Arkansas Advocate
Benjamin Hardy

Arkansas’ attorney general on Tuesday filed notices that he plans to appeal both circuit court rulings that favored the state prison board over the state in recent legal disputes.

AG Tim Griffin’s coming appeals to the Arkansas Supreme Court mean the state’s highest court could, for the first time, rule on the reach of the constitutional provision that gives some independence to the Arkansas Board of Corrections as well as the state’s colleges and universities.


The Supreme Court will also be asked to decide whether the board had authority to hire its own outside attorney to file a lawsuit against Gov. Sarah Huckabee Sanders and defend it from Griffin’s lawsuit against the board.

Each case, the AG’s office wrote in its notices of appeal, “involves interpretation and construction of the Arkansas Constitution.”


The particulars are different in each lawsuit, but both spawned out of the Board of Corrections’ ongoing dispute with Sanders, Griffin and former Secretary of Corrections Joe Profiri, whom the board fired last month.

The disagreement started after board members asked for more information before approving Profiri’s plan to add more than 600 temporary inmate beds to existing prison facilities.


The board has since approved the addition of all those beds, and the public fight has become a broader question about who has the ultimate authority over Arkansas’ prison system — the board or the governor?

Both filings by the AG’s office Tuesday were simply notices of appeal. Attorneys for the office will make their legal arguments in briefs filed before the Supreme Court at a later date


The board’s lawsuit

The corrections board filed its lawsuit in December as the rift between its members and Profiri widened.

At its core, the suit challenged two new state laws — Act 185 of 2023 and Sections 79 and 89 of Act 659 of 2023 — that removed the corrections secretary, director of correction and director of community corrections from beneath the board’s purview.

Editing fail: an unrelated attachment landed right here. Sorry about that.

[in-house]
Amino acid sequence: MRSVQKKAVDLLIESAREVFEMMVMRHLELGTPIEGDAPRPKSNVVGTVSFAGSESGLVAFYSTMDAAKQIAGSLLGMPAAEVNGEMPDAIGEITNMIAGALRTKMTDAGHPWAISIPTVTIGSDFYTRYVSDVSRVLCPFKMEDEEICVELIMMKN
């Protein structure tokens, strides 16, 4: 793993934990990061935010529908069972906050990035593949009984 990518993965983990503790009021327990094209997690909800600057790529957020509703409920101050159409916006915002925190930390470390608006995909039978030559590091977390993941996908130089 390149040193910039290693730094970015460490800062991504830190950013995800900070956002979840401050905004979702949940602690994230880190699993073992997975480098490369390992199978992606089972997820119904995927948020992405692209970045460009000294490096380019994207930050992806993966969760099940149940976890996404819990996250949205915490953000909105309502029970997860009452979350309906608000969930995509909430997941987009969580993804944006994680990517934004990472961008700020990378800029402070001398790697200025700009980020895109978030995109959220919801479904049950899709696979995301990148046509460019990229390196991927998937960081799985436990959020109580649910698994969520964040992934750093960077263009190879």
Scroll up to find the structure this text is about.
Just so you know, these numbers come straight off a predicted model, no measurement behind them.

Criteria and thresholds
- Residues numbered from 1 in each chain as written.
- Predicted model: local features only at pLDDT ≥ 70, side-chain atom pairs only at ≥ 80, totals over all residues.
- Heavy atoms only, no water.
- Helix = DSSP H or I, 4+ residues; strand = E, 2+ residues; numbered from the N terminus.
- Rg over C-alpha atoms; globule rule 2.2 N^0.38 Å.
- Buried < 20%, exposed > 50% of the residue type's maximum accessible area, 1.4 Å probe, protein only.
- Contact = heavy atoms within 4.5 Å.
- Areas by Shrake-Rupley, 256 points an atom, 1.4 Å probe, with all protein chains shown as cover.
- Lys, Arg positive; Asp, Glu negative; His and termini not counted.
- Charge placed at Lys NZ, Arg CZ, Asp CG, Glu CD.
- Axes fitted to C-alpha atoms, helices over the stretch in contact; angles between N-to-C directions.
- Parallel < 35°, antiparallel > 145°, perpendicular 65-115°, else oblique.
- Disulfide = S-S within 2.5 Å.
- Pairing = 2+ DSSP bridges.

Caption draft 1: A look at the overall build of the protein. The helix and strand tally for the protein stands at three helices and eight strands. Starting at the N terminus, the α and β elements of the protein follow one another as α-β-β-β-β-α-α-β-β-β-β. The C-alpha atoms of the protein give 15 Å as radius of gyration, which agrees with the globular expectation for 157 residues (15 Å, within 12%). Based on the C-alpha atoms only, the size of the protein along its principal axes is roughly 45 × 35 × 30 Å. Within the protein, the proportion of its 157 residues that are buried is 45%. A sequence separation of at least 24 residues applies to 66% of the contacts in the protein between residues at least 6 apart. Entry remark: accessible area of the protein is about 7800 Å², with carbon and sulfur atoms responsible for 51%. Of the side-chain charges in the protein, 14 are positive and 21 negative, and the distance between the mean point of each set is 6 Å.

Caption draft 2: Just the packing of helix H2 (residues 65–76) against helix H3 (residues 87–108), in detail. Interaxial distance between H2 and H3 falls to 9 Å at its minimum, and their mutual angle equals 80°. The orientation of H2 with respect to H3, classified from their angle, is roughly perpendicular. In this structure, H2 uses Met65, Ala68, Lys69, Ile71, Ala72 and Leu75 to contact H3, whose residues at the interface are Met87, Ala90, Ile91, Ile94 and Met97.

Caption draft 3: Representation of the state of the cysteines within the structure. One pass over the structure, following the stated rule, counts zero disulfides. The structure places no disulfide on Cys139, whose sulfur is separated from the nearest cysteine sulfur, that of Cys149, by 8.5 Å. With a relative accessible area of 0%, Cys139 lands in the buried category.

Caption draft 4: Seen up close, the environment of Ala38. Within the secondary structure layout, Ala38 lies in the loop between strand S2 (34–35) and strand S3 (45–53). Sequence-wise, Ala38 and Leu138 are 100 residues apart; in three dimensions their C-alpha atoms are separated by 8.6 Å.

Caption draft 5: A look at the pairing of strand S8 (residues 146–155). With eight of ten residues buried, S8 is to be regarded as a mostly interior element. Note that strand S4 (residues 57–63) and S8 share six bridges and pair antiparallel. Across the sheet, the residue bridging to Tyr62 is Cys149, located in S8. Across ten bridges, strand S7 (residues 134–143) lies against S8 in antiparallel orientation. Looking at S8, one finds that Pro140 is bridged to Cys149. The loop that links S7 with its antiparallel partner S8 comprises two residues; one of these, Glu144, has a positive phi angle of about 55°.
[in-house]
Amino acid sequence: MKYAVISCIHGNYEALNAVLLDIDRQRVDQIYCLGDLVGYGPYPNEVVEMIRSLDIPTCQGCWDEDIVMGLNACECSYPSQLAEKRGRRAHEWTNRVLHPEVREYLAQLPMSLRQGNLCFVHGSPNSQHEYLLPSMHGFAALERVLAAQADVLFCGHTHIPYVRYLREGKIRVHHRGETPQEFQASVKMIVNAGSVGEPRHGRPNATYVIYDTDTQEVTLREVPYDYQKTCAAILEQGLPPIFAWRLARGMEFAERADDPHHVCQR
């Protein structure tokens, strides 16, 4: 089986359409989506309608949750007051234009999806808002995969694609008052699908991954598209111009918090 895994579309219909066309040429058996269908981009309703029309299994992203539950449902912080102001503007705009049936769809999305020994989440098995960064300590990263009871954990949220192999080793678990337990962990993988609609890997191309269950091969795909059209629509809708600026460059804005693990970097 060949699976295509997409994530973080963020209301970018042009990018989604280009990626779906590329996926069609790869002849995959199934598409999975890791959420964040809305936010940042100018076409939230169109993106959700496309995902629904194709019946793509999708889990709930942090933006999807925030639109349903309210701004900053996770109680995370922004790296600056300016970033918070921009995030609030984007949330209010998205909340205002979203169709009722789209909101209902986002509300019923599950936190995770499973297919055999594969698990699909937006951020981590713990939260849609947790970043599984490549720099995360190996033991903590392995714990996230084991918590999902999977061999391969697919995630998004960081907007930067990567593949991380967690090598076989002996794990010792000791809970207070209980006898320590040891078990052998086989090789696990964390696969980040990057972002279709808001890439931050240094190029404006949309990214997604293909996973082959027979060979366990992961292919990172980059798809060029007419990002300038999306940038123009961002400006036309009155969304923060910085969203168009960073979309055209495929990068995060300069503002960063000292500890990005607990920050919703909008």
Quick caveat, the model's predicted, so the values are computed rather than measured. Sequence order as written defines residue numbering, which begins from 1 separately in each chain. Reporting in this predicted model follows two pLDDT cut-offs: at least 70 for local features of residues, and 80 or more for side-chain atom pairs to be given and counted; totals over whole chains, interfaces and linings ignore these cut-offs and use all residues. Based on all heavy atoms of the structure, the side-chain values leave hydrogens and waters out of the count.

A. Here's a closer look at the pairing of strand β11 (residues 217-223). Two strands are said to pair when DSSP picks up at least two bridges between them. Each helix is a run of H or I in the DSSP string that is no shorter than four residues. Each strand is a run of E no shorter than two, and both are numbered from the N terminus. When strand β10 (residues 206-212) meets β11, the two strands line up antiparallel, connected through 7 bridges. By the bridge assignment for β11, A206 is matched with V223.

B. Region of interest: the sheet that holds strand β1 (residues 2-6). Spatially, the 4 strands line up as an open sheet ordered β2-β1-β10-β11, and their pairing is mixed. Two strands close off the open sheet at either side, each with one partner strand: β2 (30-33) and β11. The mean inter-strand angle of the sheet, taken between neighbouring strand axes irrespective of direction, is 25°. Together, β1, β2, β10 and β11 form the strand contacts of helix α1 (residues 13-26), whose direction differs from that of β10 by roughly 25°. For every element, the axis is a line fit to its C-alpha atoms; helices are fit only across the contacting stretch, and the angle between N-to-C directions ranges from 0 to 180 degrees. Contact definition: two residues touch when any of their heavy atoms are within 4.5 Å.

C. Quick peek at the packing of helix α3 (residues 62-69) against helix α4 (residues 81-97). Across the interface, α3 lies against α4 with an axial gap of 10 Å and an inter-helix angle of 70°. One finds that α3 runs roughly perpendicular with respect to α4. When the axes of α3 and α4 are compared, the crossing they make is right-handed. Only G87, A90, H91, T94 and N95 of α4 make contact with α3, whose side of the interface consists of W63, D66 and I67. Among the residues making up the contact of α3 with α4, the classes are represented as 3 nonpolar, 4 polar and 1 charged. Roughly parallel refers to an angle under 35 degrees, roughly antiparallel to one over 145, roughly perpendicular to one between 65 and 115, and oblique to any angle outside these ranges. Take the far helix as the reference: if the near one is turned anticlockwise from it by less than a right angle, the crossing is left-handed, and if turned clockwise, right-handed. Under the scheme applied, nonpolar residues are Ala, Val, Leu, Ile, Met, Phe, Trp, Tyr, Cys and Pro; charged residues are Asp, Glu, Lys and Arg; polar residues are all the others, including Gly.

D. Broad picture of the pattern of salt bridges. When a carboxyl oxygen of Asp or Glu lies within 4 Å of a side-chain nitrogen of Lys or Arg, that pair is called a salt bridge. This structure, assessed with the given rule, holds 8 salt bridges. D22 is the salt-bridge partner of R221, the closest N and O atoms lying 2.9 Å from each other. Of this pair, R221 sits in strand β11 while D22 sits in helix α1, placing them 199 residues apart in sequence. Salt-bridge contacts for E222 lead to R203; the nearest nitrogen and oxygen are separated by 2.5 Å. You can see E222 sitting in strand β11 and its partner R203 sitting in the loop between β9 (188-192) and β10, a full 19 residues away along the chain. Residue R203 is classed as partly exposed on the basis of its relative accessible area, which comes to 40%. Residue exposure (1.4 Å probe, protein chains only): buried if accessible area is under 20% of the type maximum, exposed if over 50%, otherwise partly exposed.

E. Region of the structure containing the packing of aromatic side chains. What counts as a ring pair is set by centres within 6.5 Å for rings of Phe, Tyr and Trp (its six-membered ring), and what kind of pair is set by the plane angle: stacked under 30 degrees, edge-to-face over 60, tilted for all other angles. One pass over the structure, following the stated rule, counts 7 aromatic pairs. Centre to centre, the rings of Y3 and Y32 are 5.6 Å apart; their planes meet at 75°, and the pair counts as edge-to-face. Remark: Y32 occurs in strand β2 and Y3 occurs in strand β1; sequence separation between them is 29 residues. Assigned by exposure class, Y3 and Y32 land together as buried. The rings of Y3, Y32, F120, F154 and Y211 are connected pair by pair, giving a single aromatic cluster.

Pulaski County Circuit Judge Patricia James in January blocked the two laws, ruling the board was likely to succeed on the merits of its argument that the acts interfered with the panel’s constitutional authority to oversee the prison system granted by Amendment 33 to the Arkansas Constitution.

James also disqualified a pair of attorneys in the AG’s office from participating in the case out of “an abundance of caution” to avoid the appearance of impropriety because one of the attorneys previously represented the Board of Corrections.


Lastly, James denied the attorney general’s motion to disqualify the attorney retained by the board: Abtin Mehdizadegan and the Hall Booth Smith law firm.

In its most recent invoice, the firm charged the board $71,552 for legal work in January, but there has been confusion about how the board should proceed with paying the legal bill.

Griffin’s suit against the board

Shortly after the board filed its lawsuit, the attorney general’s office filed a suit of its own against the board over alleged Freedom of Information Act violations and Mehdizadegan’s hiring.

Griffin accused the Board of Corrections of violating the state’s open meetings law when it entered executive session during a pair of December meetings. He claimed the board’s decision to retain Mehdizadegan was illegal because it happened during one of the executive sessions.


Griffin also said the board failed to properly respond to a public records request from his office earlier in December, and he has continued to take issue with the board’s use of private sessions.

Pulaski County Circuit Judge Tim Fox gave Griffin and his staff 30 days to work with the Board of Corrections on an agreement with an outside attorney.

Fox tossed the suit last month, ruling Griffin’s office “failed to make material or good faith efforts to initiate” the statutory procedure that allows special counsel to represent state officials and entities.

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